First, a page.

Gov. Corzine launched his reelection offensive in earnest last night with aggressive rhetoric and a clear strategy: He'll tie himself to President Obama and link Republicans to former President George W. Bush.
Spurred on by Vice President Biden, whose appearance highlighted the governor's effort to associate himself with the Obama administration, Corzine made a full-throated appeal for a second term before a supportive Democratic crowd.
Corzine faced only token opposition in the Democratic party and had tried to stay above the fray. That changed with a speech in which he promised to make "the right choices" for New Jersey and characterized Republicans as "out of step" with the state's values.
"This November, voters will have a very clear choice between very different sets of values," Corzine said.
The governor is saddled with miserable approval ratings, but he said he is fighting for the same causes — education, health-care reform, the environment — as Obama, whom he called a "partner."
Biden hammered that point home. "We need Jon Corzine at the helm. Barack and I need him. America needs him," he said at the Richard J. Codey Arena. Organizers had hoped for 3,000, but the crowd appeared smaller.
Returning again and again to the phrase "the right choices" — a term he has stressed for months as he has overseen a dismal budget — Corzine said Republicans are on the wrong side of issues such as gun control, gay marriage and stem-cell research. He blamed them for bringing on the national economic crisis.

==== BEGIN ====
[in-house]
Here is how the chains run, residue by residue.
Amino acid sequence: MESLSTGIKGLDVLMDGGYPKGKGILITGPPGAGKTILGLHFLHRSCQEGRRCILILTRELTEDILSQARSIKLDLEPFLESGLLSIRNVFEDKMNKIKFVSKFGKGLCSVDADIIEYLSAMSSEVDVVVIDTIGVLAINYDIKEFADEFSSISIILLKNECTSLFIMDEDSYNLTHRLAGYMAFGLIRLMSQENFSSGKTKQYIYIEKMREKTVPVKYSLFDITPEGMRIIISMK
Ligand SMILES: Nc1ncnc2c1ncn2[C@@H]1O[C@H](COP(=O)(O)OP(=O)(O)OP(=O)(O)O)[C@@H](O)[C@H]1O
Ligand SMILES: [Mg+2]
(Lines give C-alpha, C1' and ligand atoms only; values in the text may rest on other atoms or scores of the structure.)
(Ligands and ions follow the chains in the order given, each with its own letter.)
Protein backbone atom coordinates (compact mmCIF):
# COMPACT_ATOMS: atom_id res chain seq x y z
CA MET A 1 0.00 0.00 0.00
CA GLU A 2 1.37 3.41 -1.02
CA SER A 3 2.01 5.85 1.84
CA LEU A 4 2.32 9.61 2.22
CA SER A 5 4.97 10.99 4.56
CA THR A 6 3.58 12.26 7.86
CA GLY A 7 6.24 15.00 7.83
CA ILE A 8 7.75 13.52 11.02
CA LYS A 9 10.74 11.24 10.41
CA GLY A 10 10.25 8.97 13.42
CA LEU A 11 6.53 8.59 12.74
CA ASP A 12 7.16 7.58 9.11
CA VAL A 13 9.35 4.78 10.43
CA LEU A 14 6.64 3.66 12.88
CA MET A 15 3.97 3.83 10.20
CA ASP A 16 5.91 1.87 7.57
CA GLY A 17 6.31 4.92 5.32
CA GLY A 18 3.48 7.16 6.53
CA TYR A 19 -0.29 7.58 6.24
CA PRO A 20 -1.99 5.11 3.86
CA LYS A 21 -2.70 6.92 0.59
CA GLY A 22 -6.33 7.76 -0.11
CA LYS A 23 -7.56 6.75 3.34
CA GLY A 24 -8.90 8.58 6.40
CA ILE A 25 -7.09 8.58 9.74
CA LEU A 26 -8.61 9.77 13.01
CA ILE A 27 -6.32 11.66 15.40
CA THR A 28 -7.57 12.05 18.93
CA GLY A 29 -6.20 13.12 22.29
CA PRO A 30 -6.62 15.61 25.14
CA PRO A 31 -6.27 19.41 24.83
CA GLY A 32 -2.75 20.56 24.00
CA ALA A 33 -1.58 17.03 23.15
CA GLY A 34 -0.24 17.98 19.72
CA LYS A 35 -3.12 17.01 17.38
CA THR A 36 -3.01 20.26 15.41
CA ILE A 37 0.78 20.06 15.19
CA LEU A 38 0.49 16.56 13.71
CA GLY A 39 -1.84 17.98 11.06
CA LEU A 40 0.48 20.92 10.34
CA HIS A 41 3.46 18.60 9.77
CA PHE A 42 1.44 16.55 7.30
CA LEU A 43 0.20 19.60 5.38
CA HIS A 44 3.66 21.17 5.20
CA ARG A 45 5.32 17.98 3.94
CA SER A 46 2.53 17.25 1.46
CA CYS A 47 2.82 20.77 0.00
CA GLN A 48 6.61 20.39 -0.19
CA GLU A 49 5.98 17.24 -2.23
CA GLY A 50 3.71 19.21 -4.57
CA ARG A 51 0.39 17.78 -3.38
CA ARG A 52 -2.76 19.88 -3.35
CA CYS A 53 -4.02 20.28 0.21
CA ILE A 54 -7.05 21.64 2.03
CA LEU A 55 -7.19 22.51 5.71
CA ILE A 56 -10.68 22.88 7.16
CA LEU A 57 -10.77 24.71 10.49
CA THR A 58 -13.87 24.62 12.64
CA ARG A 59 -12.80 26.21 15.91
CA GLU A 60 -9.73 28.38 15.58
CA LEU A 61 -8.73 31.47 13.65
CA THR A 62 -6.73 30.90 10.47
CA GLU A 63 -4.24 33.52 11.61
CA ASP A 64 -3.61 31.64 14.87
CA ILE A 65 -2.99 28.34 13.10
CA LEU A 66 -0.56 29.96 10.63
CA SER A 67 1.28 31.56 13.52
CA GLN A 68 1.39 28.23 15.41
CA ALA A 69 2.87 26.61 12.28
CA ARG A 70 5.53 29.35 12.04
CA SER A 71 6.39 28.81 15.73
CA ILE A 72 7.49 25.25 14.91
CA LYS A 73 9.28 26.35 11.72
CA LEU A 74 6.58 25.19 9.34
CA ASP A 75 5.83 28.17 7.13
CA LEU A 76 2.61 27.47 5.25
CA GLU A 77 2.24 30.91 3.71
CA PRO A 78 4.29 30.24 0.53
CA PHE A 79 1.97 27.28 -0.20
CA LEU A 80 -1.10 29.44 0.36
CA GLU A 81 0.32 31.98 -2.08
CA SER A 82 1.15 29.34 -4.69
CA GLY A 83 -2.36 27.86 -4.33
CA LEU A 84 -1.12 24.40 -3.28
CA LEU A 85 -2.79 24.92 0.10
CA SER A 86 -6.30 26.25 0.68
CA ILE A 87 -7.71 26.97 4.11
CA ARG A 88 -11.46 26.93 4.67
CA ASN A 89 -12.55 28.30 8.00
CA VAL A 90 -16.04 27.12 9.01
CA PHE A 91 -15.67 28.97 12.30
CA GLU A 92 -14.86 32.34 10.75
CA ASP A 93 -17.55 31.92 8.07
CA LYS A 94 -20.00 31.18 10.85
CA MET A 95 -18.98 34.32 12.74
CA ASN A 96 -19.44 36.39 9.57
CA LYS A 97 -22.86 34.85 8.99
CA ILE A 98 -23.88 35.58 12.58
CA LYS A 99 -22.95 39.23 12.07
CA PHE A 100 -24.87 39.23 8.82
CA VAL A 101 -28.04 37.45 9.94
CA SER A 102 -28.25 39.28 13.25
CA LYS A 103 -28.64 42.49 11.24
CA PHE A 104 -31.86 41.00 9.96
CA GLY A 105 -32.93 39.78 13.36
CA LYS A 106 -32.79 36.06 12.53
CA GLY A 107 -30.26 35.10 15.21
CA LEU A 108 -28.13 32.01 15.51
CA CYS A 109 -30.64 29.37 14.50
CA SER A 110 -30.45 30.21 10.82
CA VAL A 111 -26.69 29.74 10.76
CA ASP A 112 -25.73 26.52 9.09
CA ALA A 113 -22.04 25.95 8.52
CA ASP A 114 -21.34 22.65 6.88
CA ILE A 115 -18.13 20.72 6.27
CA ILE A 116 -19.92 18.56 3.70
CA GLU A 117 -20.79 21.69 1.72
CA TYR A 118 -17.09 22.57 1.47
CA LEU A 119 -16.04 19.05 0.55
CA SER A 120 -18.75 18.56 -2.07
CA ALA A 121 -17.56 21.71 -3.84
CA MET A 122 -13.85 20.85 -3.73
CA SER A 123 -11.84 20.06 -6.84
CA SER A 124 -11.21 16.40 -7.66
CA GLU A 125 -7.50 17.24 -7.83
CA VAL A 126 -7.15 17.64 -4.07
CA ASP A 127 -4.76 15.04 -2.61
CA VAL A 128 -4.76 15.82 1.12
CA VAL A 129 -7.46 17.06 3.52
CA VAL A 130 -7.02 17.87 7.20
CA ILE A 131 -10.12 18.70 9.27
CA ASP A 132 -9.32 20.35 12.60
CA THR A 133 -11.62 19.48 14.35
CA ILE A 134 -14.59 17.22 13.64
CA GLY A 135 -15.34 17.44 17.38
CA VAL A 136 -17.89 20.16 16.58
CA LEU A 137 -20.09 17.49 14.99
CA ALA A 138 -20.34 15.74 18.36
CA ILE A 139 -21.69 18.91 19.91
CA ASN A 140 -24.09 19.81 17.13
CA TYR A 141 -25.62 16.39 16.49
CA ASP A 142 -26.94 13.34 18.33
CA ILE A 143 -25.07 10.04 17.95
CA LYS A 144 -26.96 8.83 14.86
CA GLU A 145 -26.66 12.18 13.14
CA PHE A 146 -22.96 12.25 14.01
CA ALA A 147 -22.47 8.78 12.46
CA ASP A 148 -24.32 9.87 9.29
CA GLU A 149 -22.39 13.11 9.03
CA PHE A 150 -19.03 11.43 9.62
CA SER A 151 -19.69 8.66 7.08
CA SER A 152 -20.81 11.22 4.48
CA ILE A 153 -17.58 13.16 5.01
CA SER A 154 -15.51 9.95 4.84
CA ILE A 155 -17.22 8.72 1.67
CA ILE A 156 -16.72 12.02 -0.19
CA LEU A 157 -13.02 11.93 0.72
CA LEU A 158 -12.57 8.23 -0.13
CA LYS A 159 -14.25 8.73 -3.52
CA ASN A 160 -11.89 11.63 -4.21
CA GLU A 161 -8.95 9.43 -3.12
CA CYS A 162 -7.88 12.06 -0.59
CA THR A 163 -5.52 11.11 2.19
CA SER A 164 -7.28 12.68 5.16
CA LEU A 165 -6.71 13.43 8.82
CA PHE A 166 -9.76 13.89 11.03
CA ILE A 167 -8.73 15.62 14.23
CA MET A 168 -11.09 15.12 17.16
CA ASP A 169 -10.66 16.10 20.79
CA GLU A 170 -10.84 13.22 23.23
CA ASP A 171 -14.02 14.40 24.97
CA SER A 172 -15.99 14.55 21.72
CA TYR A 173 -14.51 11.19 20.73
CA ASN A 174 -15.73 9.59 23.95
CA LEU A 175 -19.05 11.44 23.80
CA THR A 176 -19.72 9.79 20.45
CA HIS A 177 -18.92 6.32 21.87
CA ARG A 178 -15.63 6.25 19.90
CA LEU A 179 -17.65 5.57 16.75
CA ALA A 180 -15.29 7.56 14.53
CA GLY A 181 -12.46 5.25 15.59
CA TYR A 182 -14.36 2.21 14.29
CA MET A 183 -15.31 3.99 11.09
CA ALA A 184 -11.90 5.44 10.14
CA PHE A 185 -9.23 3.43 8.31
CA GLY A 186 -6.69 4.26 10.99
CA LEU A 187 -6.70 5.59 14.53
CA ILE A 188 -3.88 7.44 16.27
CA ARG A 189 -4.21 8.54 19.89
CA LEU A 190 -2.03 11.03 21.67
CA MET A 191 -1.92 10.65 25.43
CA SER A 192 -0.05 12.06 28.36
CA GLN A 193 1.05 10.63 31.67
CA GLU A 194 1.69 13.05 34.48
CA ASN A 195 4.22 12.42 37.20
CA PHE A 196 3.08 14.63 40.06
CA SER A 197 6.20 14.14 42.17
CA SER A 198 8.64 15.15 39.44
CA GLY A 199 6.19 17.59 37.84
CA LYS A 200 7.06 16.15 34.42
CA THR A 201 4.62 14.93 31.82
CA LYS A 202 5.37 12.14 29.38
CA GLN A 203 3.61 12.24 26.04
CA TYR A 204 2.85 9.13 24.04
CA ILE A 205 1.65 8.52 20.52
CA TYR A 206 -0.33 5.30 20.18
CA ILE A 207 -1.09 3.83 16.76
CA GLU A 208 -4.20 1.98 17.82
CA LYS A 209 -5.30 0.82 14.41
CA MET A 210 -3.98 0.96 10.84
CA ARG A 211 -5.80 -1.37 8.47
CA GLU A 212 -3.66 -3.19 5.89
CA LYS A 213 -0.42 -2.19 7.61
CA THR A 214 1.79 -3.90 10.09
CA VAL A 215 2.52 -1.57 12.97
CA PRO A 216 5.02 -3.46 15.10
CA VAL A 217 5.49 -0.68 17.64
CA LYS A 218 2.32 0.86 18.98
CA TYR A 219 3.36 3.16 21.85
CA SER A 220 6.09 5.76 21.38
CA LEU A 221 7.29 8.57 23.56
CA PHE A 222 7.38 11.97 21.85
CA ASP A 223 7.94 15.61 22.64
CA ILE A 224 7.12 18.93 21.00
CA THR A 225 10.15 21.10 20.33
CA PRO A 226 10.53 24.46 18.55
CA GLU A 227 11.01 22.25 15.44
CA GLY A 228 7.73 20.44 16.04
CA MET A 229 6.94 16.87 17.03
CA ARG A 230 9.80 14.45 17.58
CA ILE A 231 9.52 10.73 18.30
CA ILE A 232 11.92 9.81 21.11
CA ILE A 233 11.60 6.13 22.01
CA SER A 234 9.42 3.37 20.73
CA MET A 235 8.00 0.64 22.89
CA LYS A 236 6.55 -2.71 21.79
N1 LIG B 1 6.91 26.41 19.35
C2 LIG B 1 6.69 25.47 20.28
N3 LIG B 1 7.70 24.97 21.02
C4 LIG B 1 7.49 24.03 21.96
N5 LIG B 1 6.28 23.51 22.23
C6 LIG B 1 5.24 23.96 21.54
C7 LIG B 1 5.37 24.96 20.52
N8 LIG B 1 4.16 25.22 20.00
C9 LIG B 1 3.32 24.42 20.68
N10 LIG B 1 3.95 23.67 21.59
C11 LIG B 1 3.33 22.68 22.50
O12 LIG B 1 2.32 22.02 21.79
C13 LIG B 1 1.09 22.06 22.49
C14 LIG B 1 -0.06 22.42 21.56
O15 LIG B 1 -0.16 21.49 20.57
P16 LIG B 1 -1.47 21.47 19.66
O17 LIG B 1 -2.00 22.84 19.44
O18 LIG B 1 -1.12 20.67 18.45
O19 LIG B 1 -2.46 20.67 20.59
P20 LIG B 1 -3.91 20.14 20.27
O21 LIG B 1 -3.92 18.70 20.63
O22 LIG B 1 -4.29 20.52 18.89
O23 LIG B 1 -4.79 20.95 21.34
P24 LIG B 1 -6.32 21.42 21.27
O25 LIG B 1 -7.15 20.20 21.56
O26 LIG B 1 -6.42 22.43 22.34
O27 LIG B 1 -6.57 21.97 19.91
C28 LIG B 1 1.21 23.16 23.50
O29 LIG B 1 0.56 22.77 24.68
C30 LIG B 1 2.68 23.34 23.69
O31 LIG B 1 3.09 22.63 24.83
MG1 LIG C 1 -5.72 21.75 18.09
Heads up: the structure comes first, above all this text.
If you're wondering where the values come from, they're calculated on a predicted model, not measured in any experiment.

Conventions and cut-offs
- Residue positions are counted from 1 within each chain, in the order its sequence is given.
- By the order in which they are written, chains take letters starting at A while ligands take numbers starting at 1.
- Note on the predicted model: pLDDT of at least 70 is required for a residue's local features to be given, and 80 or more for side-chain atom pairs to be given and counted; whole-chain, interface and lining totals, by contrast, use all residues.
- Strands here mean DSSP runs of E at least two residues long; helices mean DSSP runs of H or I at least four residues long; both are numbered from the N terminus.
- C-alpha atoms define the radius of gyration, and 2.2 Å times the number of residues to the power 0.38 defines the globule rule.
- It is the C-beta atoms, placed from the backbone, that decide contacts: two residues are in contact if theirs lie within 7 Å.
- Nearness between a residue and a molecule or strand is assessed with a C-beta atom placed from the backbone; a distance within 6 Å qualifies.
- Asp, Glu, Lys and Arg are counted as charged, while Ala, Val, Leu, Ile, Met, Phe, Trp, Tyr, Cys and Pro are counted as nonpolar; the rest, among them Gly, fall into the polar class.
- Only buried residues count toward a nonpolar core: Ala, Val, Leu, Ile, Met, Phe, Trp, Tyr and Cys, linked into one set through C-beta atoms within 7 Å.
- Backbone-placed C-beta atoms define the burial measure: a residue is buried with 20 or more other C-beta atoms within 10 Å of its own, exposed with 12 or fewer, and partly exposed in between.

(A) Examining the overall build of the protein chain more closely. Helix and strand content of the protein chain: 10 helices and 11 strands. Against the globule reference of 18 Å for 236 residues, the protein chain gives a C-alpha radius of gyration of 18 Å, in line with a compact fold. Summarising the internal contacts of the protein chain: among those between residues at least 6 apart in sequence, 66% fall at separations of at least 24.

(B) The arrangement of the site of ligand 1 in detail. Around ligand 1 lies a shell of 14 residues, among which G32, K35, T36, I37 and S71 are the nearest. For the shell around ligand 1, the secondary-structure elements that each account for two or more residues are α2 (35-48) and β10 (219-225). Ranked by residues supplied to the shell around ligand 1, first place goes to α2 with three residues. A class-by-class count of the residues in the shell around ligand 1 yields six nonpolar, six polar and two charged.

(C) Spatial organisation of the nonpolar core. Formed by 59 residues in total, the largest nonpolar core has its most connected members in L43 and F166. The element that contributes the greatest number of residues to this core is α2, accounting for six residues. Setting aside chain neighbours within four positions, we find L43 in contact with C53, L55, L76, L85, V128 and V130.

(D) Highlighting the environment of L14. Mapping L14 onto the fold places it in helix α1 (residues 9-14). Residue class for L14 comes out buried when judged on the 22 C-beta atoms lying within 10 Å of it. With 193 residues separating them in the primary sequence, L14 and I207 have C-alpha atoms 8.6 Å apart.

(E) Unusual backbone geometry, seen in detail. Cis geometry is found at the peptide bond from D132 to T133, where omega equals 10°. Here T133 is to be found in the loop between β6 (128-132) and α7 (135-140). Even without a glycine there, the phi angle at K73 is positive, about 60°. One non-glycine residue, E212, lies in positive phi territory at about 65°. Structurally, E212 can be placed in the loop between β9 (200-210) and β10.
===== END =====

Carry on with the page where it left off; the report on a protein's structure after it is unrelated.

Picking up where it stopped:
"New Jersey cannot afford to be Bush-whacked again," Corzine said.
The vice president's appearance and a fund-raiser tomorrow, headlined by the rocker Jon Bon Jovi, show that after months of trying to avoid public reelection talk, the Corzine camp will come hard out of the gates. The governor trails in early polls, but aides believe Republicans were damaged during their primary, in which Christopher J. Christie was chosen as the candidate.
Corzine has millions of his own money to spend and is running in a state where Democrats significantly outnumber Republicans. He also has a supportive White House: Biden's appearance last night was his second with Corzine in less than a month.
Corzine — known as a former Wall Street chief executive officer who made hundreds of millions of dollars as head of Goldman Sachs — drew attention to the humble parts of his background with references to his roots in rural Illinois, his service in the Marines and his near-fatal auto accident in 2007.
He stressed his stewardship during the economic crisis, pointing to his state-level economic recovery plan and said he had made the "right" decisions to cut spending. Republicans, he charged, failed to offer specific alternatives.
"I don't know about you, but I'm not about to put my trust in the same people who gave us George W. Bush," he said.
Joseph Cryan, chairman of the state Democratic Party and a Union County assemblyman, said Corzine was "excited" to challenge Republicans who have assailed his record for months.
"They're not running against ghosts anymore," Cryan said. "They're running against a real Democrat, with a real message."
Contact staff writer Jonathan Tamari at 609-989-9016 or firstname.lastname@example.org.